For Ischemic Stroke, Fewer Women Receive Thrombolytics
Women with stroke are older, possibly living alone more, and less likely to receive tx within four hours
FRIDAY, July 26 (HealthDay News) -- Women with acute ischemic stroke are less likely than men to arrive at the hospital within four hours and are less likely to receive thrombolytic treatment, according to research published online July 25 in Stroke.
Inger de Ridder, M.D., from Erasmus University in Rotterdam, Netherlands, and colleagues analyzed data from 5,515 patients participating in the Promoting Acute Thrombolysis for Ischaemic Stroke study.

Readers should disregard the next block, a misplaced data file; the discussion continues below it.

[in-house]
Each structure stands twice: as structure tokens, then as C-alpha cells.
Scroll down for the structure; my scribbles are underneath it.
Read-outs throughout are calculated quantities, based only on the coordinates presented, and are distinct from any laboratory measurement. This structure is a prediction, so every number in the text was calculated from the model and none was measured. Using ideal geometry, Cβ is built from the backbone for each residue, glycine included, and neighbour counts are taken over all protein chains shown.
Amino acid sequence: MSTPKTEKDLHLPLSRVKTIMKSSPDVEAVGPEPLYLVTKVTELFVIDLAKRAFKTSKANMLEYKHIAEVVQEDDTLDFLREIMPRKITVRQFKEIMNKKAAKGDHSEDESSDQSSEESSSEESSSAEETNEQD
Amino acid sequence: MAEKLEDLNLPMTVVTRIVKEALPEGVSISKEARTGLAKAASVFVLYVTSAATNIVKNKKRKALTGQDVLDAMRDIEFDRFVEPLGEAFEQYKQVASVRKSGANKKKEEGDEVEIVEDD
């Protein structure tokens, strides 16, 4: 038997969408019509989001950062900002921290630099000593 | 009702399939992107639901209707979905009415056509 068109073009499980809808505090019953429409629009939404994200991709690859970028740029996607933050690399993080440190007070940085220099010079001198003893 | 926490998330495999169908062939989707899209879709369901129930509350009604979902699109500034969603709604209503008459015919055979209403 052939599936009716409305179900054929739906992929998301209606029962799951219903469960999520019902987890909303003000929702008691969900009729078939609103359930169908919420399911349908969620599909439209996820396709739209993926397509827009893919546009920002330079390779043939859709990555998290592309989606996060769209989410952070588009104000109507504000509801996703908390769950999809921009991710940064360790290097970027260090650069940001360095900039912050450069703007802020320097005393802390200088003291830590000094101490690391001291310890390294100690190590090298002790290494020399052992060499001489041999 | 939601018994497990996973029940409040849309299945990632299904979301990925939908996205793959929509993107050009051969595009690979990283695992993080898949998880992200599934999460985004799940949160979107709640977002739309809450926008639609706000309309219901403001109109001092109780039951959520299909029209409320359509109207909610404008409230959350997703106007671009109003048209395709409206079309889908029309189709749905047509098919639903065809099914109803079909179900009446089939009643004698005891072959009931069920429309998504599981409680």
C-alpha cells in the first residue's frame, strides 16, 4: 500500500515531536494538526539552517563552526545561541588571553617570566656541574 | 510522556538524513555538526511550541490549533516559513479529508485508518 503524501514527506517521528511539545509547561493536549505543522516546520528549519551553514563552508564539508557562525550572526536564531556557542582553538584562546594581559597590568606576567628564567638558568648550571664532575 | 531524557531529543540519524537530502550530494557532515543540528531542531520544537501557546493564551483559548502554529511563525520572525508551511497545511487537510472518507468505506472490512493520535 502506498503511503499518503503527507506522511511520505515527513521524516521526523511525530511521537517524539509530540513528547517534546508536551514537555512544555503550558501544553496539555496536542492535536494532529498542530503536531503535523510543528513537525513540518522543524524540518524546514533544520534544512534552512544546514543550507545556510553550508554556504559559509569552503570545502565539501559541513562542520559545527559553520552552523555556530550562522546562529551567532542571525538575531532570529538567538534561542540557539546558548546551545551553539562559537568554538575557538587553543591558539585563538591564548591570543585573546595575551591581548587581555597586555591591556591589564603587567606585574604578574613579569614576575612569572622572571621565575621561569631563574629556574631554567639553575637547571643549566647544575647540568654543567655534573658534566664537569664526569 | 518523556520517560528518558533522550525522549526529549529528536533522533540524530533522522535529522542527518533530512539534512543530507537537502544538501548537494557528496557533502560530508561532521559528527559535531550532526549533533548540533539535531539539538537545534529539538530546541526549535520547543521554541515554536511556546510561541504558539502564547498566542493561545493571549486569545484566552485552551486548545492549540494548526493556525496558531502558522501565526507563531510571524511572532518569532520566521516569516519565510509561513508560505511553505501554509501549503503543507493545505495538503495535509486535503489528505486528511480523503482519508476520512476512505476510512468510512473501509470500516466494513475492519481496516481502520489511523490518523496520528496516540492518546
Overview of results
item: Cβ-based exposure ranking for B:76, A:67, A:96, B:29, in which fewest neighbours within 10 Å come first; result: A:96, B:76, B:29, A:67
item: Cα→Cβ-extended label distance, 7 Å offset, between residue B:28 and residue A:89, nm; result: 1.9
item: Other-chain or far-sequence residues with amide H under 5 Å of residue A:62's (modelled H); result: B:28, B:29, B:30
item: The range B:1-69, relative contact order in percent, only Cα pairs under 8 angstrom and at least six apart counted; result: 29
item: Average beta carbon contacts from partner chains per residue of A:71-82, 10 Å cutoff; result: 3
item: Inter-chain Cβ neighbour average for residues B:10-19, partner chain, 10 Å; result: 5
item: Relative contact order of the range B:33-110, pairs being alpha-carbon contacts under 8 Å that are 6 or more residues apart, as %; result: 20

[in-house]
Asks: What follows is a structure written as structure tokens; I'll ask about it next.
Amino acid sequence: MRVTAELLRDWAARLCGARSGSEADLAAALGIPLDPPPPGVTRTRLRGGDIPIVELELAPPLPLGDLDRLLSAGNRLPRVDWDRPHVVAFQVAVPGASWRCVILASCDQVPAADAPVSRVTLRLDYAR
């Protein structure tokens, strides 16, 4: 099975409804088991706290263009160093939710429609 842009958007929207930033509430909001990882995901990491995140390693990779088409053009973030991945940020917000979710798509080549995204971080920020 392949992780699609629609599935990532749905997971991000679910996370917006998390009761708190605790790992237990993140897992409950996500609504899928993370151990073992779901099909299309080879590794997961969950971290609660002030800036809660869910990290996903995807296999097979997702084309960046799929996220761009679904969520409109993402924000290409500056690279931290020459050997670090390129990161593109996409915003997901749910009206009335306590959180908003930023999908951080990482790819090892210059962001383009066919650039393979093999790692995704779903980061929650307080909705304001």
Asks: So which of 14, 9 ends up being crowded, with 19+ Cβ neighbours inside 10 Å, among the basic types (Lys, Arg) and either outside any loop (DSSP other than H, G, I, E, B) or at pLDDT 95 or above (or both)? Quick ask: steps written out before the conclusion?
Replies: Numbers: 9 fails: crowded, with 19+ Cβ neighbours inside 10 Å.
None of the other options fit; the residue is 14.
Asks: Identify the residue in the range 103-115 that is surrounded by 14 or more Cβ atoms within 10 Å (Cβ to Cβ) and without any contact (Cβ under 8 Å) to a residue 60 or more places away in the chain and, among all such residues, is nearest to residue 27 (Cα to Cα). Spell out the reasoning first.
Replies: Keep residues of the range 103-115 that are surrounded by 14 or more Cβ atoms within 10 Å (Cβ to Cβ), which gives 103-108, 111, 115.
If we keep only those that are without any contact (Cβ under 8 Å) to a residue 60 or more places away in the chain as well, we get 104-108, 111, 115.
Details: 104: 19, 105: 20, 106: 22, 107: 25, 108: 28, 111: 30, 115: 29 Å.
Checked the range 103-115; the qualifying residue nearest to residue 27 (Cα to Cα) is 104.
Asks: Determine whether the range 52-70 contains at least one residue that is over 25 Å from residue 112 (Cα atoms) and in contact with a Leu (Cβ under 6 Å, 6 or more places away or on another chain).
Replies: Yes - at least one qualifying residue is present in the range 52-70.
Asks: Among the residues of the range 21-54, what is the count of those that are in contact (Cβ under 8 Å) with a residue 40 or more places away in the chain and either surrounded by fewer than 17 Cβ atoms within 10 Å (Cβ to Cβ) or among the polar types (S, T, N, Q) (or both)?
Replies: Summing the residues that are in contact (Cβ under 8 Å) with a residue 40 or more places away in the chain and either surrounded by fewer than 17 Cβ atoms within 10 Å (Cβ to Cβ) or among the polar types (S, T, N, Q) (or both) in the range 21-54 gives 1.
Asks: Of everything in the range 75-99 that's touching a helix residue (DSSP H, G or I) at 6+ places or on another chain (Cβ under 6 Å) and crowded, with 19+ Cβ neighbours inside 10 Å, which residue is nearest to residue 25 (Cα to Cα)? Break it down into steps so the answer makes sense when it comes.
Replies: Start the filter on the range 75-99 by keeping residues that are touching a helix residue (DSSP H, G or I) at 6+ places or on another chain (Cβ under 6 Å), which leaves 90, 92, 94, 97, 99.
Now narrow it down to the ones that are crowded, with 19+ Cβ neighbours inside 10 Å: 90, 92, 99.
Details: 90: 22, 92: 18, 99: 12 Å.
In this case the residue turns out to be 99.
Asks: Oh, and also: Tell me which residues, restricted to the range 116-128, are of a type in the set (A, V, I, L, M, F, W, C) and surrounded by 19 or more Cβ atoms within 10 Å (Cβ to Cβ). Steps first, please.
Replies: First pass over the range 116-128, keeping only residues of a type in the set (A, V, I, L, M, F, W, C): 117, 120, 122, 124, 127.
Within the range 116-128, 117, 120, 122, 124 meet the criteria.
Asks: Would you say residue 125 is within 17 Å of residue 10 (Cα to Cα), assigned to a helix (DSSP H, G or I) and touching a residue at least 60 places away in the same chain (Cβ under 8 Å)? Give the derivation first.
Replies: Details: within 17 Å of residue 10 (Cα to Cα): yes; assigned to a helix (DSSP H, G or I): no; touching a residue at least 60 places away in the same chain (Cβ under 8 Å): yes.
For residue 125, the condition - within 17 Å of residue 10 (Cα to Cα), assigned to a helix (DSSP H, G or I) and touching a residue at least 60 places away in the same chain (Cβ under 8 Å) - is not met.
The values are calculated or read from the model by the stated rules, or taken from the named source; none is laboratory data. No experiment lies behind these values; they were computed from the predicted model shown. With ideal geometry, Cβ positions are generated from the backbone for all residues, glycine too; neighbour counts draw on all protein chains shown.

The researchers found that women were an average of four years older than men, and the median National Institutes of Health Stroke Scale score was higher in women than men (6 versus 5). Intravenous alteplase was used in fewer women than men (11 versus 14 percent; adjusted odds ratio, 0.8; 95 percent confidence interval, 0.7 to 1.0). Fewer women arrived within four hours after onset than men (27 versus 33 percent; adjusted odds ratio, 0.8; 95 percent confidence interval, 0.7 to 0.9).
"Fewer women present themselves within four hours from stroke onset than men and consequently less often receive thrombolytic treatment," the authors write.